|late 13th century apocalypse British Library|
About a fortnight ago, I got talking on a Facebook friend's page with him and other interested people about the word 'destrier' as a term for a medieval warhorse. A debate began about when the word first came into use. 1400 was mentioned as a date for the word to enter the vernacular, and that the Normans would not have used such a term for their own warhorses.
My area of expertise is from circa 1066 up to around 1230, and I had always used the word 'destrier' in my novels as a term for a knight's warhorse, so I was surprised to read that the name came in so late. It was pointed out to me that the 13th century History of William Marshal, which has a great deal of engagement with warhorses, doesn't once mention the word destrier. Warhorses are always just known as 'chival' and indeed, that's where the word 'chivalry' comes from. It's made clear that a knight's riding horse was a 'palfrey' his pack horse a 'sumpter' and his warhorse was a 'chival.' Ordinary riding horses are called 'roncins'.
|Sumpter horses - Hortus Delicarum|
Made curious, and not convinced, I went digging.
I headed first to the Anglo Norman Dictionary. It's a wonderful online resource of primary source evidence for Anglo Norman words.
website here for the Anglo Norman Dictionary Looking up 'Destrier' I immediately got the word back to 1230 together with references to palfreys (high ranking riding horses) and coursers (fast horses for hunting). So clearly 1400 as an assumption was wrong. Looking up the word again in the same source for this blog, I glanced at the entry below 'destrier' - 'destries' (various spelt, sometimes without the 's' which means 'behind' but discovered when checking the source for an example citation that 'destrier' by chance, happened to be part of the sentence. 'il est destries lui sur le destrier asis.' The source is given as The Romance of Horn and dates to circa 1170. Now I had the source back to the latter part of the 12th century and a full 230 years before 1400.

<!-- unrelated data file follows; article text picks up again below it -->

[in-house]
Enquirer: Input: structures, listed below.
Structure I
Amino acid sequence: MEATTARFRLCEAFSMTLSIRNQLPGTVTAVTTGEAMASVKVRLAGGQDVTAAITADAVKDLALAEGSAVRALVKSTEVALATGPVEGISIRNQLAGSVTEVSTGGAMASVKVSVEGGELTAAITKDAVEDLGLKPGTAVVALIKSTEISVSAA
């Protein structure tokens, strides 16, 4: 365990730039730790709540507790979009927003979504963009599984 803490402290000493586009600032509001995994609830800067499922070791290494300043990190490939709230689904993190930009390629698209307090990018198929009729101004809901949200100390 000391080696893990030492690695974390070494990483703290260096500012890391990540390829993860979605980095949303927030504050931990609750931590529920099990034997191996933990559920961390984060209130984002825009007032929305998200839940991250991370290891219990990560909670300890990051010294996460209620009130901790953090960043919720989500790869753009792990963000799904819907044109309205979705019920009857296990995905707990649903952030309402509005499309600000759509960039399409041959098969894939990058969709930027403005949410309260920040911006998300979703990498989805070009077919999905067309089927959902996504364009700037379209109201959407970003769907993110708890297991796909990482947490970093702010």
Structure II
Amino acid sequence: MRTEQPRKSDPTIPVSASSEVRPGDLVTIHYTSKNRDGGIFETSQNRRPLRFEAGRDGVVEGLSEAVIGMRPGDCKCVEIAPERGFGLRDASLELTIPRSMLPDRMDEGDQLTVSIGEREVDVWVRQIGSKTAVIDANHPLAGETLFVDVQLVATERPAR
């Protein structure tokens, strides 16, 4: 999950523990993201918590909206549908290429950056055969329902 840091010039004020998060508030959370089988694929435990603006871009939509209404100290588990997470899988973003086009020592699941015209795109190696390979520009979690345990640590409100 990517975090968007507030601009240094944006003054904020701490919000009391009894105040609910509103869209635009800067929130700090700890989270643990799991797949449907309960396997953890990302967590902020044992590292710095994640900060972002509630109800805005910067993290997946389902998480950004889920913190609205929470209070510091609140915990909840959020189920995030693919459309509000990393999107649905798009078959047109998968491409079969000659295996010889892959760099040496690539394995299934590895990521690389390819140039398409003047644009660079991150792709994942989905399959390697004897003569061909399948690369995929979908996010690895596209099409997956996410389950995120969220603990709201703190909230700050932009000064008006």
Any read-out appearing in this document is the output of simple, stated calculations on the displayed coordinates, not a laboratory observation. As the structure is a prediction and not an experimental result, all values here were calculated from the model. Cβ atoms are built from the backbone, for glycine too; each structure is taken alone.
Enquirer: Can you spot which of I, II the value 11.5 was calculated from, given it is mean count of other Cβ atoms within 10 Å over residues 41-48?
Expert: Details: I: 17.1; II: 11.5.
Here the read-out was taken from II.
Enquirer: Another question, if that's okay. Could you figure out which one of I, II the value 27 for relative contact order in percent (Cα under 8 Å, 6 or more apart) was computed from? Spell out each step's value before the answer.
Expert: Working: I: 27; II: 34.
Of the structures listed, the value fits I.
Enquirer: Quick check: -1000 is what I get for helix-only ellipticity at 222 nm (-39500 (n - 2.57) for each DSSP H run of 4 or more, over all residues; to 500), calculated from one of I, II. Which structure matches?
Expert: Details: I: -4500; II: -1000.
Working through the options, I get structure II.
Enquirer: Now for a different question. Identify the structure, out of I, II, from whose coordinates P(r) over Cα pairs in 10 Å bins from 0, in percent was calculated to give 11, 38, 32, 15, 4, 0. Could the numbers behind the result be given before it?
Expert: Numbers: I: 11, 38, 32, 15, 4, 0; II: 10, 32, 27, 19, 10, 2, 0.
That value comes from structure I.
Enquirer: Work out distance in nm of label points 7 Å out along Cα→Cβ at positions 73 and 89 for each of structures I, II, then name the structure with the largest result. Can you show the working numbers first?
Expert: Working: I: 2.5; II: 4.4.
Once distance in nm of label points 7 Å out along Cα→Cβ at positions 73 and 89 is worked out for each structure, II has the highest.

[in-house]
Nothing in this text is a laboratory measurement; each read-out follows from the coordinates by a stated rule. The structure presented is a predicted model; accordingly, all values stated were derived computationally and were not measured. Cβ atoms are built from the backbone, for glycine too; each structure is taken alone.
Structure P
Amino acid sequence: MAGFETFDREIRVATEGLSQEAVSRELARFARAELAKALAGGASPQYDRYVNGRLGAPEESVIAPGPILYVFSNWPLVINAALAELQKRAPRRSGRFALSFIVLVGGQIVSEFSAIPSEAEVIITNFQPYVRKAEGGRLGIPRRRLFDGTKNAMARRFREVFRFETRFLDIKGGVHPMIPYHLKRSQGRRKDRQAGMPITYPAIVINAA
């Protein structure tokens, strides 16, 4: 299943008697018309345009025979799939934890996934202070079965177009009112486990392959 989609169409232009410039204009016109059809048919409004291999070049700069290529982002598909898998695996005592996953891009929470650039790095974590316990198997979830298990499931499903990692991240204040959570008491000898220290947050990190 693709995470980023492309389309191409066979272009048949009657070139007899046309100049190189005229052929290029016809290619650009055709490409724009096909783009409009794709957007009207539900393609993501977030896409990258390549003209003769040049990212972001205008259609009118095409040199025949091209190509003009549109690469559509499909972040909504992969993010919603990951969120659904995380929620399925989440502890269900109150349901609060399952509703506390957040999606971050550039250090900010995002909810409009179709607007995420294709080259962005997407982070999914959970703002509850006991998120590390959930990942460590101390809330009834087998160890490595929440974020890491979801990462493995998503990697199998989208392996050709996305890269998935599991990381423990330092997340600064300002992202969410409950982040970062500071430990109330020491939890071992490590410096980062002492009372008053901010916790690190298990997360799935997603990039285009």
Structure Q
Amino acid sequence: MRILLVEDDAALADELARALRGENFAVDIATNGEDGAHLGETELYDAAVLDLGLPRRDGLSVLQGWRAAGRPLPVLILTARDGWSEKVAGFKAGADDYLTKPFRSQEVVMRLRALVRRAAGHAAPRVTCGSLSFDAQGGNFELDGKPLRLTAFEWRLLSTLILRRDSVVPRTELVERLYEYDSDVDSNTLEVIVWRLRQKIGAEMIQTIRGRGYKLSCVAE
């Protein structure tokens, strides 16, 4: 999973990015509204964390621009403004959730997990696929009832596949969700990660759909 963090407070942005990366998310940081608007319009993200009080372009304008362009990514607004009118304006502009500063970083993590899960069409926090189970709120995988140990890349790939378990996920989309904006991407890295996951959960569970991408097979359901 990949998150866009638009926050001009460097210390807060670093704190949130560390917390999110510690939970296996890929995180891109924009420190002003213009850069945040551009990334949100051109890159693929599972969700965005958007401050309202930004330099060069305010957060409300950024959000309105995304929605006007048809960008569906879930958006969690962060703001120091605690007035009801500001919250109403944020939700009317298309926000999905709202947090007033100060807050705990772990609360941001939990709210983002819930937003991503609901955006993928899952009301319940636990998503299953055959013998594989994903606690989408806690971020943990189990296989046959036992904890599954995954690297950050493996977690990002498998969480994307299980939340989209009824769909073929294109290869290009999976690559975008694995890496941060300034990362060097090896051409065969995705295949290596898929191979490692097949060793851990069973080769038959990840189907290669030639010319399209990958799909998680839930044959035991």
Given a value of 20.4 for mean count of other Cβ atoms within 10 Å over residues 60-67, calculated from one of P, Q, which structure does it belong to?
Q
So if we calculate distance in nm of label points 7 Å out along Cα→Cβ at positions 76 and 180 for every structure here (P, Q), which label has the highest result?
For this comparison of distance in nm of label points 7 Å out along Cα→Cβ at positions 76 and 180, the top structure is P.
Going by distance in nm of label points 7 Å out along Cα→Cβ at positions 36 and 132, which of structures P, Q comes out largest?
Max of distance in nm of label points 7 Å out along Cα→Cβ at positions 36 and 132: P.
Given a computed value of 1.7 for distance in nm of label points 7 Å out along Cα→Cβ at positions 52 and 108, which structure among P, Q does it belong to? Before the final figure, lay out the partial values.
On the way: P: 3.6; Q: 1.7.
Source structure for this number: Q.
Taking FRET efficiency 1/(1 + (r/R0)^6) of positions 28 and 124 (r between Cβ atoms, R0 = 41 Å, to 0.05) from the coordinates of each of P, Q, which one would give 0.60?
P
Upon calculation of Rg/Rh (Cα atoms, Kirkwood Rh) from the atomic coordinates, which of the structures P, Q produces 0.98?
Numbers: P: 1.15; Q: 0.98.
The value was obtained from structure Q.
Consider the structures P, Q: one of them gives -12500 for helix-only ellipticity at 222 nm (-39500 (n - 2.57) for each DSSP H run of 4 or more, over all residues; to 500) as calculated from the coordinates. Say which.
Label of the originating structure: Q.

I then turned to the Pipe Rolls to check if the word was being used in Latin in the twelfth century. The Pipe Rolls are basically the King's annual accounts for England. Sadly not all of these account rolls have survived the vagaries of time and the early part of the 12th century and the reign of Henry I is barely covered. However, enough remain to reveal that 'destriers' glossed in Latin as 'dextrarii' single 'dextrarius' are constantly mentioned. In 1197, Joscelin de Amundeville gave a destrier and a hawk in homage to his overlord. One Nicholas de Chavencurt gave 10 marks and a destrier he had promised to Count John (future King John).
The same thing happened throughout the pipe rolls of Henry II, as high status gifts and pledges, sometimes given with a hawk, which is strongly indicative of a gift denoting that the giver renders service and allegiance to his overlord. In other words it's always in a high status context. When the Count of Toulouse was making an agreement with King Henry II in 1173, one of the terms was a payment of 100 silver marks or alternatively ten 'dextarii' worth ten marks each. Around this time, a common soldier's riding horse - aforementioned roncin or rouncy - would fetch around one and a half marks. A surviving pipe roll from the last years of Henry I , three times references the term 'dextarii' in the context of high status payments.
Checking further primary sources I had on my shelves, there was again a reference to 'dextarii' in William FitzStephen's Description of London, dating to around 1174, where he describes the horse sales held every Friday at Smithfield in London where earls, barons and knights, as well as ordinary citizens came to view the beasts on offer. The destriers (dextarii) are described as 'beautiful in shape, noble in stature, with ears and necks erect and plump buttocks.'